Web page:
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2022 Alzheimer's Association Research Grant to Promote Diversity (AARG-D)

Strategies Disrupting the Feed-Forward Mechanism of Aß Production.

How can the production of disease-related brain changes be prevented?

Elena Anahi Bignante, Ph.D.
Instituto de Investigación Médica Mercedes y Martín Ferreyra
Cordoba, Argentina


In Alzheimer’s, the proteins beta-amyloid and tau accumulate to form plaques and tangles respectively, two hallmark brain changes observed in the disease. Beta-amyloid plaques may hinder nerve cell communication in the brain and may contribute to brain cell death. Beta-amyloid is produced from amyloid precursor protein (APP), in a two-stage process. The first stage involves an enzyme (or cutting protein) called beta-secretase 1 (BACE1).

In initial studies with brain cells in a laboratory dish, Dr. Elena Bignante and colleagues found that when small beta-amyloid clumps called oligomers were added to the cells, APP and BACE1 molecules tended to accumulate together in certain brain cell compartments. Their finding suggests that beta-amyloid oligomers may initiate specific biology that act as a “feed-forward” mechanism. These changes may activate a chemical process that eventually leads to the production of still more beta-amyloid. This feed-forward mechanism may eventually promote plaques and the brain damage associated with those plaques.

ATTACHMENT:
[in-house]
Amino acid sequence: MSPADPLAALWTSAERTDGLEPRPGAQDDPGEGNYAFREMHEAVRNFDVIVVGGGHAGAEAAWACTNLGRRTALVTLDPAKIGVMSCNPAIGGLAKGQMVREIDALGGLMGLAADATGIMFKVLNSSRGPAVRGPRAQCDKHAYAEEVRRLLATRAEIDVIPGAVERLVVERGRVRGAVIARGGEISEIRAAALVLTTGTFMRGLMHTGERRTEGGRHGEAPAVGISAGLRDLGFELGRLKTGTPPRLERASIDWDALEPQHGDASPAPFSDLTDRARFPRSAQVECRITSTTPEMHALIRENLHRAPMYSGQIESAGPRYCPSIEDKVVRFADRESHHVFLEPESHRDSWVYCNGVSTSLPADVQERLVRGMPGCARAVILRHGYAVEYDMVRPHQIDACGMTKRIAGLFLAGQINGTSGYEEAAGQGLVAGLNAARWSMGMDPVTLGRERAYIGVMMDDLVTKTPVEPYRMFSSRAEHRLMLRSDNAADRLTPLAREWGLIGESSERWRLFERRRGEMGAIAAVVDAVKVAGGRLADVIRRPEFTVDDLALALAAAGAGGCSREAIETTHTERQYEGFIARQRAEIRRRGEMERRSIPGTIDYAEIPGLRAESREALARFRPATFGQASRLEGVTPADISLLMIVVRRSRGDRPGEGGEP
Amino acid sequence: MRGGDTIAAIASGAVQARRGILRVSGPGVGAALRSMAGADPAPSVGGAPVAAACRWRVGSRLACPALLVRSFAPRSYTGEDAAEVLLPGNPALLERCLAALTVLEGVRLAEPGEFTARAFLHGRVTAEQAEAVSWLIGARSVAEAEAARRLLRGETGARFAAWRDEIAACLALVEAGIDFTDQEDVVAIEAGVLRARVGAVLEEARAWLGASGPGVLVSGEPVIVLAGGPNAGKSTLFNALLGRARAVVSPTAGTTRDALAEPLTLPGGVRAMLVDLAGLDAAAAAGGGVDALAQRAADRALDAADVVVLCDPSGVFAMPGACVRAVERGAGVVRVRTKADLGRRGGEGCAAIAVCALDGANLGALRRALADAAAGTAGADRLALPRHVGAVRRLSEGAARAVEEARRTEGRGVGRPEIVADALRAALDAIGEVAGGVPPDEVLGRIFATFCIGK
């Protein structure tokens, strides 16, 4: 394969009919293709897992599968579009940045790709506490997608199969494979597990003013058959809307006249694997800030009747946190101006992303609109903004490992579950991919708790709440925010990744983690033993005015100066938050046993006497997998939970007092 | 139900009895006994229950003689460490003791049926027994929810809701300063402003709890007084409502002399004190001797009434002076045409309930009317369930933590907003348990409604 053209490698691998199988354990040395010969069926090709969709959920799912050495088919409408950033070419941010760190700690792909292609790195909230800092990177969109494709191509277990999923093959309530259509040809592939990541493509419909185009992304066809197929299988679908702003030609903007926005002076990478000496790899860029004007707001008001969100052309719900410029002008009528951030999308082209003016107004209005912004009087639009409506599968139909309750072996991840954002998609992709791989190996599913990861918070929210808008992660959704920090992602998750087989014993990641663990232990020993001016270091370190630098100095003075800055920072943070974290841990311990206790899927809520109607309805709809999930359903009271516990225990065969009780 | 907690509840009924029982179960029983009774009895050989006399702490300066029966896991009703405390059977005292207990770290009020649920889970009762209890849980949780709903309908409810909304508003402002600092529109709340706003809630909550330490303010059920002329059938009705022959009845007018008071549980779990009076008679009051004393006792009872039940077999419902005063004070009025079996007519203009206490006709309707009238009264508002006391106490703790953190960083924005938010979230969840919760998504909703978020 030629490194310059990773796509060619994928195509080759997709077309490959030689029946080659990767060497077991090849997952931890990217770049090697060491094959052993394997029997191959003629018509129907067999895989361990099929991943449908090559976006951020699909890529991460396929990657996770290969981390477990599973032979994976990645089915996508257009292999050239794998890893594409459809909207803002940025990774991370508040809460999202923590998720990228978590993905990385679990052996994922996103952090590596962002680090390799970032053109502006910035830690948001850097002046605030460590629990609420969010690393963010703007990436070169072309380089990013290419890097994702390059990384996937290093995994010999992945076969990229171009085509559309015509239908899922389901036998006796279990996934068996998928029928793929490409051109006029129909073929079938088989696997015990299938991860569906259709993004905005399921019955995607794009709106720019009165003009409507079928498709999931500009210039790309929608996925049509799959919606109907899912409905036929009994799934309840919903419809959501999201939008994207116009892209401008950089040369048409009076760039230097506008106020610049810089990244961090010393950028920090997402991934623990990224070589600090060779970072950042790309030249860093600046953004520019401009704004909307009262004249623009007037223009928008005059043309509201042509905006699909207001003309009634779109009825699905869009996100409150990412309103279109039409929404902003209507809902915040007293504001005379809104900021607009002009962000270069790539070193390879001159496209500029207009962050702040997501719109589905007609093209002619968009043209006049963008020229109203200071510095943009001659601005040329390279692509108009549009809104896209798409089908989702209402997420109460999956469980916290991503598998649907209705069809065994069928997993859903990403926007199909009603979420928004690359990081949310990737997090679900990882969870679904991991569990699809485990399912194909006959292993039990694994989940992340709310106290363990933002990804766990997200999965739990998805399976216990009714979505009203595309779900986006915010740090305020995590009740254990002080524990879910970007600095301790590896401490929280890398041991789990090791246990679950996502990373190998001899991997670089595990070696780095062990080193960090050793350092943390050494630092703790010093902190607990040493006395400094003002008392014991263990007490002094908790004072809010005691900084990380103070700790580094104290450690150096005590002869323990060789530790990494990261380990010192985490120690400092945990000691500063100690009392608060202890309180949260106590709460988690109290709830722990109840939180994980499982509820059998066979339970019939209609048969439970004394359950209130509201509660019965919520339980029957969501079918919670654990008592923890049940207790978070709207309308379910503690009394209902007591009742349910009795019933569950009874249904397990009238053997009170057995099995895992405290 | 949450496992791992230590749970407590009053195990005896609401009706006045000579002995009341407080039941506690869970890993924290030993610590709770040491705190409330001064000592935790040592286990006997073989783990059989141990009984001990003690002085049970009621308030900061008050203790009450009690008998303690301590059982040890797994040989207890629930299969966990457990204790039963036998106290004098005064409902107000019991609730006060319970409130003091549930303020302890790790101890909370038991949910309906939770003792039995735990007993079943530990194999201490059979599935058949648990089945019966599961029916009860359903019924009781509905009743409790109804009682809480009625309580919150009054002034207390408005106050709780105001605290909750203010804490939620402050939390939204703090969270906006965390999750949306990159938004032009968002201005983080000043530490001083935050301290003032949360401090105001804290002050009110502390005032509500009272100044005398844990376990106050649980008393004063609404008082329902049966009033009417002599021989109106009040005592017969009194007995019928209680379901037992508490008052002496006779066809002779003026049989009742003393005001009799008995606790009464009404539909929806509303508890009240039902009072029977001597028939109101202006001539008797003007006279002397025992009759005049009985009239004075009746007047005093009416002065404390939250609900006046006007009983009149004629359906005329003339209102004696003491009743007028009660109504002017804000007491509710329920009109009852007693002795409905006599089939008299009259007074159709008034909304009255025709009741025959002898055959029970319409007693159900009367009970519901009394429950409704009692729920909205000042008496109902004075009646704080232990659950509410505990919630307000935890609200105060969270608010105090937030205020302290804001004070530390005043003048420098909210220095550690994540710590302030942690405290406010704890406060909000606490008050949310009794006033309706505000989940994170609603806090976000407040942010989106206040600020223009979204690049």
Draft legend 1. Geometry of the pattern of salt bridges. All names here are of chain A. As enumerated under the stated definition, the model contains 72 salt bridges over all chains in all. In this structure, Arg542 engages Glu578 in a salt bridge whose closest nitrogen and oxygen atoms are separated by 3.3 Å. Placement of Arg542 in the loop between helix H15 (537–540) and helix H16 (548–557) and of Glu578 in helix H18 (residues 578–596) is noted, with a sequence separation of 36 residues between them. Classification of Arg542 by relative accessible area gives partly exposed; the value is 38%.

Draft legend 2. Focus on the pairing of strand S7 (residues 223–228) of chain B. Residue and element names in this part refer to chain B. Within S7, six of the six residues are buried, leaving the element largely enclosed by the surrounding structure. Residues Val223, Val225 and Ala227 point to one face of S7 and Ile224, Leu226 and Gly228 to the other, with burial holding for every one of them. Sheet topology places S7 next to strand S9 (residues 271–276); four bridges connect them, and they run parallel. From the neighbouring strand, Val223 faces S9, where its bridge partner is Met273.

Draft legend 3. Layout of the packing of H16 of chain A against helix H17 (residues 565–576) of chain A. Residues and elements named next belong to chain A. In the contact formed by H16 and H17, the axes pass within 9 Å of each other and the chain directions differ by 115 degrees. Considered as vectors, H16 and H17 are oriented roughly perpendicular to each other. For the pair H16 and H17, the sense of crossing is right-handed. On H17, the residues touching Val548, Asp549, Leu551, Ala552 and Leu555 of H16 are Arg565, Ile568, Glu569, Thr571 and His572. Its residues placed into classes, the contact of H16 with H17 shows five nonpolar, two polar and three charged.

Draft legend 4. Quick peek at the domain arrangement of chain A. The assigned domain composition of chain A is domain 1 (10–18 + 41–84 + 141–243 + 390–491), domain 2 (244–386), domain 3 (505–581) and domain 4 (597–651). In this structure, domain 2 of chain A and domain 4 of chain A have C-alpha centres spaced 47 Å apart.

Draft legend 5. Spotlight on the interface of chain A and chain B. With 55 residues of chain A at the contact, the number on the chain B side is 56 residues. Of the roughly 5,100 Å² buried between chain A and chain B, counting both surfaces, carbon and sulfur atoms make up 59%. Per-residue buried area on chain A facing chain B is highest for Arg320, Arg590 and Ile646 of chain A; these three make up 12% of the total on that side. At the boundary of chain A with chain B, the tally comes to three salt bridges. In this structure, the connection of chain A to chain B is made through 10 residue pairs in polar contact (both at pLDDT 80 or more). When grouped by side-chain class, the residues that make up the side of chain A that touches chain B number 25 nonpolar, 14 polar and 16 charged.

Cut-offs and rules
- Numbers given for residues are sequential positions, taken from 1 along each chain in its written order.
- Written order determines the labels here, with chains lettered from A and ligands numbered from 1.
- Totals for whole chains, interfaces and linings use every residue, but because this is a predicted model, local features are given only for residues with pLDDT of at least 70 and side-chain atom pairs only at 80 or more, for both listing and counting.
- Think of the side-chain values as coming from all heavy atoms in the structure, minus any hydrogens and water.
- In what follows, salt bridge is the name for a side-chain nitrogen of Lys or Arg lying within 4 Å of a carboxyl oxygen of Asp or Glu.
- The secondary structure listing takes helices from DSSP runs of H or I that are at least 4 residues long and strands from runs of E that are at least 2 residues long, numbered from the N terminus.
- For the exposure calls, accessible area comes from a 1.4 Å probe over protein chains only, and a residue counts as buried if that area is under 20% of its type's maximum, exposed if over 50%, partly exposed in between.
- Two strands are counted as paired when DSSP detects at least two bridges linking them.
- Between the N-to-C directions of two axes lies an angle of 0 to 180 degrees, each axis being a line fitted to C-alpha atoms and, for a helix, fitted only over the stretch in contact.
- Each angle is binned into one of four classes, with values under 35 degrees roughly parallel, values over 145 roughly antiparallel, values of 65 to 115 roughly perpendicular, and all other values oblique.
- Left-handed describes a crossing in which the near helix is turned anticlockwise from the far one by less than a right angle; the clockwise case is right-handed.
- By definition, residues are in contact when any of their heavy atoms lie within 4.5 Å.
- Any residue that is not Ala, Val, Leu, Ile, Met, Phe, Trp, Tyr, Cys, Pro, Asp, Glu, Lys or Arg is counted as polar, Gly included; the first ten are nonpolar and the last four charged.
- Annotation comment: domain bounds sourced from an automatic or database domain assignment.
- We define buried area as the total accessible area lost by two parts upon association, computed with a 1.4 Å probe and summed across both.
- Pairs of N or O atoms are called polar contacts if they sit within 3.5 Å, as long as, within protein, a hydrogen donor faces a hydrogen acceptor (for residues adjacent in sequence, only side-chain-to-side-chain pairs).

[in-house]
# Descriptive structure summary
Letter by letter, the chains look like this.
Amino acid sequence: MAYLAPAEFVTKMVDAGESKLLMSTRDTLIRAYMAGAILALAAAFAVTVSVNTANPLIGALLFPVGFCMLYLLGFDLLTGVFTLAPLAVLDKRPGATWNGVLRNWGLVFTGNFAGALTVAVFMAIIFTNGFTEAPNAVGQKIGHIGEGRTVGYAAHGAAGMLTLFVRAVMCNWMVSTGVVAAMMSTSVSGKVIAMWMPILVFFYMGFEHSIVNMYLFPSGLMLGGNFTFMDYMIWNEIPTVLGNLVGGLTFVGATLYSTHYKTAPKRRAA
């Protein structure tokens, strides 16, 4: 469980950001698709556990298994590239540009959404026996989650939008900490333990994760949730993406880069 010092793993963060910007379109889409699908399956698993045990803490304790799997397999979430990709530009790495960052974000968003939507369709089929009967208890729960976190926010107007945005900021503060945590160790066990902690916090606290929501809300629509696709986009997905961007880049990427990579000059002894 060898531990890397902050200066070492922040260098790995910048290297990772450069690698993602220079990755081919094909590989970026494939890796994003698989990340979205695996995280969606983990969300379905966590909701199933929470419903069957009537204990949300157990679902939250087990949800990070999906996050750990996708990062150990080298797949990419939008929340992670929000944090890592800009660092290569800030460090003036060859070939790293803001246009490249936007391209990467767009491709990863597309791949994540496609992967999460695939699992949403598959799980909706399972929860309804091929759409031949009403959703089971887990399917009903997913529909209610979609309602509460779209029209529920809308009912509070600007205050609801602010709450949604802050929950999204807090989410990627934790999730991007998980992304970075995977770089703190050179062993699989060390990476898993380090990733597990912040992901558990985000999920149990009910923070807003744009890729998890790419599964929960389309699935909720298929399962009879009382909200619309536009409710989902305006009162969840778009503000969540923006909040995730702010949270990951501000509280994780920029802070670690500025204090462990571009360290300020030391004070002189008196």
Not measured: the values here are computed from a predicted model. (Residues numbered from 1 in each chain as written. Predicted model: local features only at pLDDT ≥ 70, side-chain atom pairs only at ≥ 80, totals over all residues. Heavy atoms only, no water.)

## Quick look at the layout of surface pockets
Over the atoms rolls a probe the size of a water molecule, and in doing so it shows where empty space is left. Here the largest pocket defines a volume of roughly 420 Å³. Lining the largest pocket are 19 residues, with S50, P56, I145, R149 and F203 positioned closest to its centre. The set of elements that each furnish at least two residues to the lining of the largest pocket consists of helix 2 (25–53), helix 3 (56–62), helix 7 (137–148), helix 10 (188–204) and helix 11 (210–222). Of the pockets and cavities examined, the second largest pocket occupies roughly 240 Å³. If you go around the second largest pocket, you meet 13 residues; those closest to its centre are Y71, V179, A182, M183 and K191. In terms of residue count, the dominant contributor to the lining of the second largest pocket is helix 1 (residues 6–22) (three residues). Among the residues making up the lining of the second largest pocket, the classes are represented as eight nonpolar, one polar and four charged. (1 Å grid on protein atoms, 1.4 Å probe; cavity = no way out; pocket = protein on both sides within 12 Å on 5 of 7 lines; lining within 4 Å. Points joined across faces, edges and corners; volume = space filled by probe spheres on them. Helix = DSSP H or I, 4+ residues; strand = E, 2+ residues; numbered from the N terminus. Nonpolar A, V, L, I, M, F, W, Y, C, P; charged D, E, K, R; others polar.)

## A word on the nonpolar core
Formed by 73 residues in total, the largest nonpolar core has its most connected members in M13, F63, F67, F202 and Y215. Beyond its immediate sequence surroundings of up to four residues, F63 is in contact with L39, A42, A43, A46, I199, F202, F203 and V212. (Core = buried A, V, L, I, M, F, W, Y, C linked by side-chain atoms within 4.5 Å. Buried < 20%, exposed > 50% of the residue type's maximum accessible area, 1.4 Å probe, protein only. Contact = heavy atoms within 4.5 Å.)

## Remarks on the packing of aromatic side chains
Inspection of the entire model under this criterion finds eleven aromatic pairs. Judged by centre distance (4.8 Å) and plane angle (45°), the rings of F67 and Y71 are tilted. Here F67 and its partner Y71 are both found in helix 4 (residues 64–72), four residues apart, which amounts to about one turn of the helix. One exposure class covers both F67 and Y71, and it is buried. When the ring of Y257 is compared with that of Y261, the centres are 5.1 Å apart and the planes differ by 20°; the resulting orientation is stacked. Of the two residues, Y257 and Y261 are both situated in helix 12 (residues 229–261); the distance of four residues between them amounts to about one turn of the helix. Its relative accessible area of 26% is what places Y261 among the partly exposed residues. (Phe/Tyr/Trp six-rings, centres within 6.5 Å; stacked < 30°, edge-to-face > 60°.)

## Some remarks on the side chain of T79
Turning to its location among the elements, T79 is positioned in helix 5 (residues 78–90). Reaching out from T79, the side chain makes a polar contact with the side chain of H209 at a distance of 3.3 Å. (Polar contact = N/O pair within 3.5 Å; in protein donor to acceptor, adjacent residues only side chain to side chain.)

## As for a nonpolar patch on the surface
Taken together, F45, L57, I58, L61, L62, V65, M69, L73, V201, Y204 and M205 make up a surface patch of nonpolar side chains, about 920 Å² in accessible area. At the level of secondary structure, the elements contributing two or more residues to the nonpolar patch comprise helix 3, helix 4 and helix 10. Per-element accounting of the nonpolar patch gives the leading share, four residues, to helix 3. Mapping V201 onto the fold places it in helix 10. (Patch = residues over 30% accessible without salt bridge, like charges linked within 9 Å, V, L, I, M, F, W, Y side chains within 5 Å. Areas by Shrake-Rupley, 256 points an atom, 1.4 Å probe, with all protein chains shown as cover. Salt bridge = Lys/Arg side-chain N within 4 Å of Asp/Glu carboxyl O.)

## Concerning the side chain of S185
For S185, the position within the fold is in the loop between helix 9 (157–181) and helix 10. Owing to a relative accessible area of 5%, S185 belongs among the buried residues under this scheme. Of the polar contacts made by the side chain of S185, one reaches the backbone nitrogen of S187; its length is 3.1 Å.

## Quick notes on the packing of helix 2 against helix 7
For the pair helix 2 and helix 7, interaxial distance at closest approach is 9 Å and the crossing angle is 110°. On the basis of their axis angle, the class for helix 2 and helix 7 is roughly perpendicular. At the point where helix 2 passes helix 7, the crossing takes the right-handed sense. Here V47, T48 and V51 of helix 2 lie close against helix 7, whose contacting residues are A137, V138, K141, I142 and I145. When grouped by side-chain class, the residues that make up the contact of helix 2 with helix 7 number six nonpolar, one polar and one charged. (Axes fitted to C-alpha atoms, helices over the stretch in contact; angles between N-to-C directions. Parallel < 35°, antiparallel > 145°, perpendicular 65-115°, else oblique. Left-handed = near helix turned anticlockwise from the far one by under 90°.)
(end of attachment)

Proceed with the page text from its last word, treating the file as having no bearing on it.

Research Plan

Dr. Bignante and team will conduct a study to verify and expand on their and others’ earlier findings. First, they will analyze in more detail how amyloid oligomers impact interaction of APP and BACE1. Using specific cellular models of disease, the investigators will determine whether a particular signaling pathway (or series of chemical events in the cell) is involved in carrying out the oligomers’ feed-forward process. Using genetically engineered Alzheimer’s-like mice, Dr. Bignante’s team will also determine whether increasing the activity of certain molecules in the mice brains can impact these signaling pathways.  They will also determine if there are other changes linked to Alzheimer’s that also take place by increasing activity of these molecules, including the spread of abnormal tau protein and changes in learning and memory. 


Results from Dr. Bignante’s study could shed new light on disease-related brain changes. They could also lead to novel therapeutic targets for Alzheimer’s.

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